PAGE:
Snack attack and a lesson in grace

Last week, we finished up soccer practice–kids running all over the field, parents lined up in travel chairs along the sidelines.

Somehow, our team had been double-booked, so we couldn’t practice on our normal field.  We shifted to the side into an open area and used cones instead of goals while a younger team practiced in our normal place.  They were a group of tiny, enthusiastic and sweet four-year-olds whose team shirts mostly hung down to their knees.

While our team took a water break, their team finished up for the night and headed off the field.  Their little arms were full of goodies–Gatorade bottles, Oreo snack packs, little bags of Goldfish.

I thought to myself, “Wow!  That is a bit much, all that snack after practice.  It’s not even a game or anything!”

One of our kids noticed the other players leaving with their armloads of snacky goodness.   (How could you not notice?!)

He wanted to know where our snack was?  Were we getting snack after practice?  How come we never got snack after practices?

Coach reminded him that we don’t get snacks after practice, just games.

Again, I had that silent little thought:  “Well, yeah!  Snacks after games is reasonable.  Snack at every practice is over the top.”

But then the coach filled in the blanks.  He said, “We did snacks at practice when you were that young because you didn’t have any games.  So, that way you still got a little celebration when you finished up playing.  But now you’re older and you have regular games, so we save the snacks for those days instead.”


It all made sense really and I felt that check to my heart to be less quick to assume I know everything, to assume I ever know enough to judge something as “foolish” or “silly” or “a bit much.”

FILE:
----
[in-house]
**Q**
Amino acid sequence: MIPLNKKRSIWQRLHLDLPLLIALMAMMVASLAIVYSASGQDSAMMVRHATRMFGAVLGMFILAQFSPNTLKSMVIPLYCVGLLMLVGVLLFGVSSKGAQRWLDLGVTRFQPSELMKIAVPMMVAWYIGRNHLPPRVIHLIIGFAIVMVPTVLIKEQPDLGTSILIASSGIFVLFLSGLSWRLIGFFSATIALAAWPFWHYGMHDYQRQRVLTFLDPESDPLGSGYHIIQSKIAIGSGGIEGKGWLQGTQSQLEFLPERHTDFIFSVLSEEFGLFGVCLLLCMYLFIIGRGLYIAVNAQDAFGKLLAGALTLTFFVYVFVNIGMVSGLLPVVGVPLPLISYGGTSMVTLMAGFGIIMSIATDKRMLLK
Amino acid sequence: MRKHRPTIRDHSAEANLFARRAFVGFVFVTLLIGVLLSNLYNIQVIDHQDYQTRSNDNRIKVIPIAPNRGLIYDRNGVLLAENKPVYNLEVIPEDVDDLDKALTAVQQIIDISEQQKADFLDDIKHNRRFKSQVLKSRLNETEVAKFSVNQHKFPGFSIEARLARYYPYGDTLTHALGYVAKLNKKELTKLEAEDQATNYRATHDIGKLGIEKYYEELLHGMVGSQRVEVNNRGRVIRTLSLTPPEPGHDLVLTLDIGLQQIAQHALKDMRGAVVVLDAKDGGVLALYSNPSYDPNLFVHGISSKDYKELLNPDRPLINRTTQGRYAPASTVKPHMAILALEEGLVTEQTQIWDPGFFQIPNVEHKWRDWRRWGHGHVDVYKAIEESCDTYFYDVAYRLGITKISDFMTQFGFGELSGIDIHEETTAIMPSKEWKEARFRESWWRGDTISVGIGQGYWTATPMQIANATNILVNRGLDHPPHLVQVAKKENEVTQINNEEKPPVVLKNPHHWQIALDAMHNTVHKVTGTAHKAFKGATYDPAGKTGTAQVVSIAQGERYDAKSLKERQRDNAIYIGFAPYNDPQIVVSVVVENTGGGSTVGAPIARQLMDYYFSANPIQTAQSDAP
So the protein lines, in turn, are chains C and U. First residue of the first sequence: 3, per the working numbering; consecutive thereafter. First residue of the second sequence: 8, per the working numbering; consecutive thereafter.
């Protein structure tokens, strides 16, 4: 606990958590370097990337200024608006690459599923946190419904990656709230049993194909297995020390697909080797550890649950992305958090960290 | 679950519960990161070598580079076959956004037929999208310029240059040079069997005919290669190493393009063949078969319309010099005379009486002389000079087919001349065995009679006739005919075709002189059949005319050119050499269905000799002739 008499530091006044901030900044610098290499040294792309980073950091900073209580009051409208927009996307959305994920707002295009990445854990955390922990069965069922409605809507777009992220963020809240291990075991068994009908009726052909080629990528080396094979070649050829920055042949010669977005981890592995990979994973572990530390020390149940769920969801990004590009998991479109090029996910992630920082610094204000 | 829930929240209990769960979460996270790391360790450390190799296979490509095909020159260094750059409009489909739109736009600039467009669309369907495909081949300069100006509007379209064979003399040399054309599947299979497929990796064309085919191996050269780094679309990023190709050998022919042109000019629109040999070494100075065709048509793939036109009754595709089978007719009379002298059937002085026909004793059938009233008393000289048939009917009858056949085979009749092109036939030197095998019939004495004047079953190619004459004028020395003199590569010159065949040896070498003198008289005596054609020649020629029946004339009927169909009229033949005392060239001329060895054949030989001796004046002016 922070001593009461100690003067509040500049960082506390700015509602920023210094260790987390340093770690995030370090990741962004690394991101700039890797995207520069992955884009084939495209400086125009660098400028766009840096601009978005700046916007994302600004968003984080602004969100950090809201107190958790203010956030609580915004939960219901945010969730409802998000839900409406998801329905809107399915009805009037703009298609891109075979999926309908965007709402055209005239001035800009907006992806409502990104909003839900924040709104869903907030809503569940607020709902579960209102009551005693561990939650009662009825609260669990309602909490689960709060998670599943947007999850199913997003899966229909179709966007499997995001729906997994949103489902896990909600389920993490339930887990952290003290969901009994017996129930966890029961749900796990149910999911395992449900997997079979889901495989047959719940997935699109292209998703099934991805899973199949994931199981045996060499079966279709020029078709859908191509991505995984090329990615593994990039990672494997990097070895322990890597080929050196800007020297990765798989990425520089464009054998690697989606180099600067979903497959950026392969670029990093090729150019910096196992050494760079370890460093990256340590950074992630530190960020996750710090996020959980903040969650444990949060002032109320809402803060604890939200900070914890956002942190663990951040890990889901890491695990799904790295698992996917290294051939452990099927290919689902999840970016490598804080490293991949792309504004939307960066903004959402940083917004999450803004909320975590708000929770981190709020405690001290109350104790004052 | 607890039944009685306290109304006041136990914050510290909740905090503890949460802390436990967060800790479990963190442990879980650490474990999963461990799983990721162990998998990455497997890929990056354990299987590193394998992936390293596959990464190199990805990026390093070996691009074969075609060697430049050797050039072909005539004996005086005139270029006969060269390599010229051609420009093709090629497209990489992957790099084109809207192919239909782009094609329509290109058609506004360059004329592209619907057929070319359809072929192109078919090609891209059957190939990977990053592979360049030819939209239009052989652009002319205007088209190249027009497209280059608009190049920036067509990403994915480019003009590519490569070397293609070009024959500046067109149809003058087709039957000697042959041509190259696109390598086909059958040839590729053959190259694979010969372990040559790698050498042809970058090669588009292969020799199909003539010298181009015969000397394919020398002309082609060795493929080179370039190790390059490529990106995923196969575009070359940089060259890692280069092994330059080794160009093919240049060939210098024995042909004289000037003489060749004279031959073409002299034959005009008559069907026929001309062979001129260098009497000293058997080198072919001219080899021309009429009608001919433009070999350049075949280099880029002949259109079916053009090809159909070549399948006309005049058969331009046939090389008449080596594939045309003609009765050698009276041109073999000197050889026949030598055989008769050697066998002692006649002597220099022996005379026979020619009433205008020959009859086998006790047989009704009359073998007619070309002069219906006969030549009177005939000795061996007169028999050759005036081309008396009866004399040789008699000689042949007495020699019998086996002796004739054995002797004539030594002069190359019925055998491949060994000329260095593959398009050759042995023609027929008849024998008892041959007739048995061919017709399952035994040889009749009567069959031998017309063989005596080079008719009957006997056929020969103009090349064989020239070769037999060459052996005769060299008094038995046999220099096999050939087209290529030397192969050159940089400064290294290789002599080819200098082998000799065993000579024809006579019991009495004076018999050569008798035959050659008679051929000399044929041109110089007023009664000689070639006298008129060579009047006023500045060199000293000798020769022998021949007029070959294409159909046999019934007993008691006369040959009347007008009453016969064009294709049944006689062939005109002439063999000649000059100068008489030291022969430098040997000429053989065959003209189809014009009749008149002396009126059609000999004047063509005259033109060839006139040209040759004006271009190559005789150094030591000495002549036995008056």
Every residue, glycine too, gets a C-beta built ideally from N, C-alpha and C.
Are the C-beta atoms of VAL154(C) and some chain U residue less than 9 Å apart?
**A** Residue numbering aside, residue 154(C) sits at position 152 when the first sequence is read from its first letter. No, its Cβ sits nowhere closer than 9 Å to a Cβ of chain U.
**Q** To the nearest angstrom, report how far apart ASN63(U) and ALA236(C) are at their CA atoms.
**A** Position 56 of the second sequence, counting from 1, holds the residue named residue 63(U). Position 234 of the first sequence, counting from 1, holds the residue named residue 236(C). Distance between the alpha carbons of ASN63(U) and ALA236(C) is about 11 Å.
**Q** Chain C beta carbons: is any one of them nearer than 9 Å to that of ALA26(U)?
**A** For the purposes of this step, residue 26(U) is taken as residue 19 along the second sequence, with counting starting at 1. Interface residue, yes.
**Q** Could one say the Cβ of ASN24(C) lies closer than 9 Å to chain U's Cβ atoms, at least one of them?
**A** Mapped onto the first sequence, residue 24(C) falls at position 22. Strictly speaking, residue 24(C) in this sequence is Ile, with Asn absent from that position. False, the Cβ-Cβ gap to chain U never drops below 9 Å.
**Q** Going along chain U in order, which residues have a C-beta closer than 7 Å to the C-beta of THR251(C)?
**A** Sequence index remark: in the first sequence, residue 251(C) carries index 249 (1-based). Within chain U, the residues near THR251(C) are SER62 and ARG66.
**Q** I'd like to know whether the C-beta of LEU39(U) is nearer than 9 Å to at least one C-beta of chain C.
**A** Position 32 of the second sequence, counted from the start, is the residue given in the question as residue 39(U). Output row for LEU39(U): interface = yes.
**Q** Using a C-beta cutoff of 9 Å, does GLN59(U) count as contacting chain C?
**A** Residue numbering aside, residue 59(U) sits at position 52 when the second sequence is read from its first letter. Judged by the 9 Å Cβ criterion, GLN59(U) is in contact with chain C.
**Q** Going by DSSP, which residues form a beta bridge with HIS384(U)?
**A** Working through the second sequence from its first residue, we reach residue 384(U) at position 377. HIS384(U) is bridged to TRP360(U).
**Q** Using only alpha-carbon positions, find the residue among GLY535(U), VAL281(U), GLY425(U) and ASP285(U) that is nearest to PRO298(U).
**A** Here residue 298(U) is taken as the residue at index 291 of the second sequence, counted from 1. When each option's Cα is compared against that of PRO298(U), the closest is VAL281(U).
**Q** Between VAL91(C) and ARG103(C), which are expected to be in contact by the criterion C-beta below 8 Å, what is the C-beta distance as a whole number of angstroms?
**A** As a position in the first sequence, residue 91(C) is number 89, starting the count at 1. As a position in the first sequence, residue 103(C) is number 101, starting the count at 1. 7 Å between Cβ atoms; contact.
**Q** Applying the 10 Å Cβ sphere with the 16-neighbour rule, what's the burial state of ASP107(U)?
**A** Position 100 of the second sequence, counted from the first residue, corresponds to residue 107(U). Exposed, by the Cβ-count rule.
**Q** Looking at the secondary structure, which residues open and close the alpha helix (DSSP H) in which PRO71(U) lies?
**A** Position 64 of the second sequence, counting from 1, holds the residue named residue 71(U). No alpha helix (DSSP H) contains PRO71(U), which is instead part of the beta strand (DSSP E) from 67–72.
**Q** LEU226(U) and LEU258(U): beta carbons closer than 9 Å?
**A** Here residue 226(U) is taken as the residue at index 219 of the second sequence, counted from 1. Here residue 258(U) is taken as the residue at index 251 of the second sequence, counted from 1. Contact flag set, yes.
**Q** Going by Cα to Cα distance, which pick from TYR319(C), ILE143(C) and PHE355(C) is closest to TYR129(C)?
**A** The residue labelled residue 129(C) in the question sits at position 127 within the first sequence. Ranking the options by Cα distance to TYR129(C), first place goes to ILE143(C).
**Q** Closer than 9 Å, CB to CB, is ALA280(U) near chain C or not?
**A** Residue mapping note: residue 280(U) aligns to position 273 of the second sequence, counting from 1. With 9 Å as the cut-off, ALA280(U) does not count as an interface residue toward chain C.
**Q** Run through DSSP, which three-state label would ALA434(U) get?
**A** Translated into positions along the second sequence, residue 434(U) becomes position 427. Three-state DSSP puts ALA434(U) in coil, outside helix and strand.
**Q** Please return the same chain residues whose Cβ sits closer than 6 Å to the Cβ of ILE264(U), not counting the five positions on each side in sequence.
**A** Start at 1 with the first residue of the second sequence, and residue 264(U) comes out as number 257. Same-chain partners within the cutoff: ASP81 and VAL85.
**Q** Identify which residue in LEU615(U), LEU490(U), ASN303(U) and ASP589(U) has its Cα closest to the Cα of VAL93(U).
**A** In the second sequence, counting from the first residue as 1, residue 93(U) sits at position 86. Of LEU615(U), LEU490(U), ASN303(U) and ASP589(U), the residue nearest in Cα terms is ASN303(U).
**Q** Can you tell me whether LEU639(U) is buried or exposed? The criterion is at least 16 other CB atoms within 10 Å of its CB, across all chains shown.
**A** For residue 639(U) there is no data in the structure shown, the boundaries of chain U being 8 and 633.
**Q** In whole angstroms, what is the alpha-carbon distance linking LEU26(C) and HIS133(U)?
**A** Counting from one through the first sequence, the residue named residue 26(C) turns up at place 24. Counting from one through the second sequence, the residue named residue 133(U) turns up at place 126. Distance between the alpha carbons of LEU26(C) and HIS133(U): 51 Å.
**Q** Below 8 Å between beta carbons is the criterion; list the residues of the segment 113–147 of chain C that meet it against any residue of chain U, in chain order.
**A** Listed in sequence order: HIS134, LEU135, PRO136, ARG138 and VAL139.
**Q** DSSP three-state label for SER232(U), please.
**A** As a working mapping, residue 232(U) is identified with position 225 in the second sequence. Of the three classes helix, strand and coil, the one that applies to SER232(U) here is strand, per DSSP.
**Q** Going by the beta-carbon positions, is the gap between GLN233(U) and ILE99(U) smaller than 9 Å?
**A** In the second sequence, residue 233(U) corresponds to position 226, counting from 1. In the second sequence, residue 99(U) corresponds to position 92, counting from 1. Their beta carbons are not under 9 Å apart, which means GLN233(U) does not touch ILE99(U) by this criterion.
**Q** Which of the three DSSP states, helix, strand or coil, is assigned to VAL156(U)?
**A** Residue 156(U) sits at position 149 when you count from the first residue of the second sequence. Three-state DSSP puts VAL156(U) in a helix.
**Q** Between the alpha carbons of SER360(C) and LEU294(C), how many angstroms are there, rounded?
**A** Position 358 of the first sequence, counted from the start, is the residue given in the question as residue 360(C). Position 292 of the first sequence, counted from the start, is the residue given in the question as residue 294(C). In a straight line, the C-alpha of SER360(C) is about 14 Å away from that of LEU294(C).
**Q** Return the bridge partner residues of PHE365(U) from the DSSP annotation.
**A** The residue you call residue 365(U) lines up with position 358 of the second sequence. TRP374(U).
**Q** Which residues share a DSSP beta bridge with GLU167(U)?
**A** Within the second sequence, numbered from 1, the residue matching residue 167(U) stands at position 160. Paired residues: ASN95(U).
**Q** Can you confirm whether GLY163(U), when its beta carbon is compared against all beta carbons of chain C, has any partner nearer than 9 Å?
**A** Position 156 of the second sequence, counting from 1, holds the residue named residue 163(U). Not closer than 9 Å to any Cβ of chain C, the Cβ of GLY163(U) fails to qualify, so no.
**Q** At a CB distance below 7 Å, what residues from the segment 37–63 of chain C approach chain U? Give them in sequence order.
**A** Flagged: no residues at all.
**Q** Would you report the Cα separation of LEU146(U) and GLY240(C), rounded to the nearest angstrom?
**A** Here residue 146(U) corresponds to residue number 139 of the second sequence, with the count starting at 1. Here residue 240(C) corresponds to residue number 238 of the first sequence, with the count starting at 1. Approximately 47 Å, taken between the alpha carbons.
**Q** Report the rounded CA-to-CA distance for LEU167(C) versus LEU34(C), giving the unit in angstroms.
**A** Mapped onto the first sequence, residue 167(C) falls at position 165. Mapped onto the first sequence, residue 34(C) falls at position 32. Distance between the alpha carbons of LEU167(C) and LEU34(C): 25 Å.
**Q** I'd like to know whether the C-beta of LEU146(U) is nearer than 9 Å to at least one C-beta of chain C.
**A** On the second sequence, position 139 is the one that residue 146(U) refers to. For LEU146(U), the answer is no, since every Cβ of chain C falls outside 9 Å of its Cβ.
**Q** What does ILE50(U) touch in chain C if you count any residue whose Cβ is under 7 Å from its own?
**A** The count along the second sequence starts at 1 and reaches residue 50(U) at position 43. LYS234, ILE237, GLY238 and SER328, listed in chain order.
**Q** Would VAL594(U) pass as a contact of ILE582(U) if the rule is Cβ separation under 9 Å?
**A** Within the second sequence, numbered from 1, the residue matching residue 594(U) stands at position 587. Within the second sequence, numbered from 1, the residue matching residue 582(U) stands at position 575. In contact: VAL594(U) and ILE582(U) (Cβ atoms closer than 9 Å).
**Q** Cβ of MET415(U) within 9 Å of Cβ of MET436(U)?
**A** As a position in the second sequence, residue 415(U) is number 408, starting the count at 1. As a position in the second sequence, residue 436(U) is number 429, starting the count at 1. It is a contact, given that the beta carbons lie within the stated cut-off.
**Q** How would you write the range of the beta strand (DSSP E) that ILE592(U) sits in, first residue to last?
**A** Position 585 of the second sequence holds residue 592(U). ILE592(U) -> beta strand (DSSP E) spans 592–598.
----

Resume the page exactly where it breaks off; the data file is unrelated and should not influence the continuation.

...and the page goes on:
I am not always careful with my tongue or my words; they have a way of escaping me in moments maybe of stress, anger, pressure or frustration.  But, even so, I have grown in this.  I am more gracious and gentle now with my words than I have ever been.

And yet,  there is  still that aptness in my spirit to criticize.  Even if I don’t speak the words aloud, my heart still sometimes sits in silent judgment.  The Bible uses words like “scoffer” and “mocker” and I don’t want that to be me.   I don’t want my attitude, my thoughts, my heart to be bent towards judgment and assumed negativity instead of grace, love, mercy, gentleness, kindness, and goodness.

And,  while I do need to be wise and discerning about what is evil  or wrong, in most of these cases I simply need to be more apt to consider the other side of the story.

Maybe there’s a reason a team of cute four-year-olds leaves soccer practice with some snack bags.

Charles Spurgeon  wrote:

“God’s people need lifting up. We are heavy by nature.  We have no wings…” (Charles Spurgeon, Morning and Evening, April 15).

We are indeed heavy by nature.

Most of us as moms, as women, and as human beings are pretty adept at self-criticizing.  All day long, we’re generally just trying to do the best we can while others pile on their own opinions about how we’re falling short.

But we can choose whether to join in the all the noise of negativity or to  tame our own critically inclined spirits.

We can open ourselves up to the possibility that there’s more to this person’s story than we know or see.

We can take Paul’s challenge to  heart to:

Be kind to one another, tenderhearted, forgiving one another, as God in Christ forgave you (Ephesians 4:32 ESV).

James also says:

Do not speak evil against one another, brothers. The one who speaks against a brother or judges his brother, speaks evil against the law and judges the law (James 4:11 ESV).

I feel like I tumble into this lesson repeatedly: that there is a difference between being spiritually discerning and having a critical spirit.

Help me, Lord, to clearly hear your voice, to yield to your wisdom, to be discerning about right and wrong, truth, holiness, and righteousness, but help me also not to add  to that my own voice of criticism or hurtful thoughts or prideful judgment.  May my heart be humble and may my thoughts be rooted in grace.



Be Gentle. People Break Easily.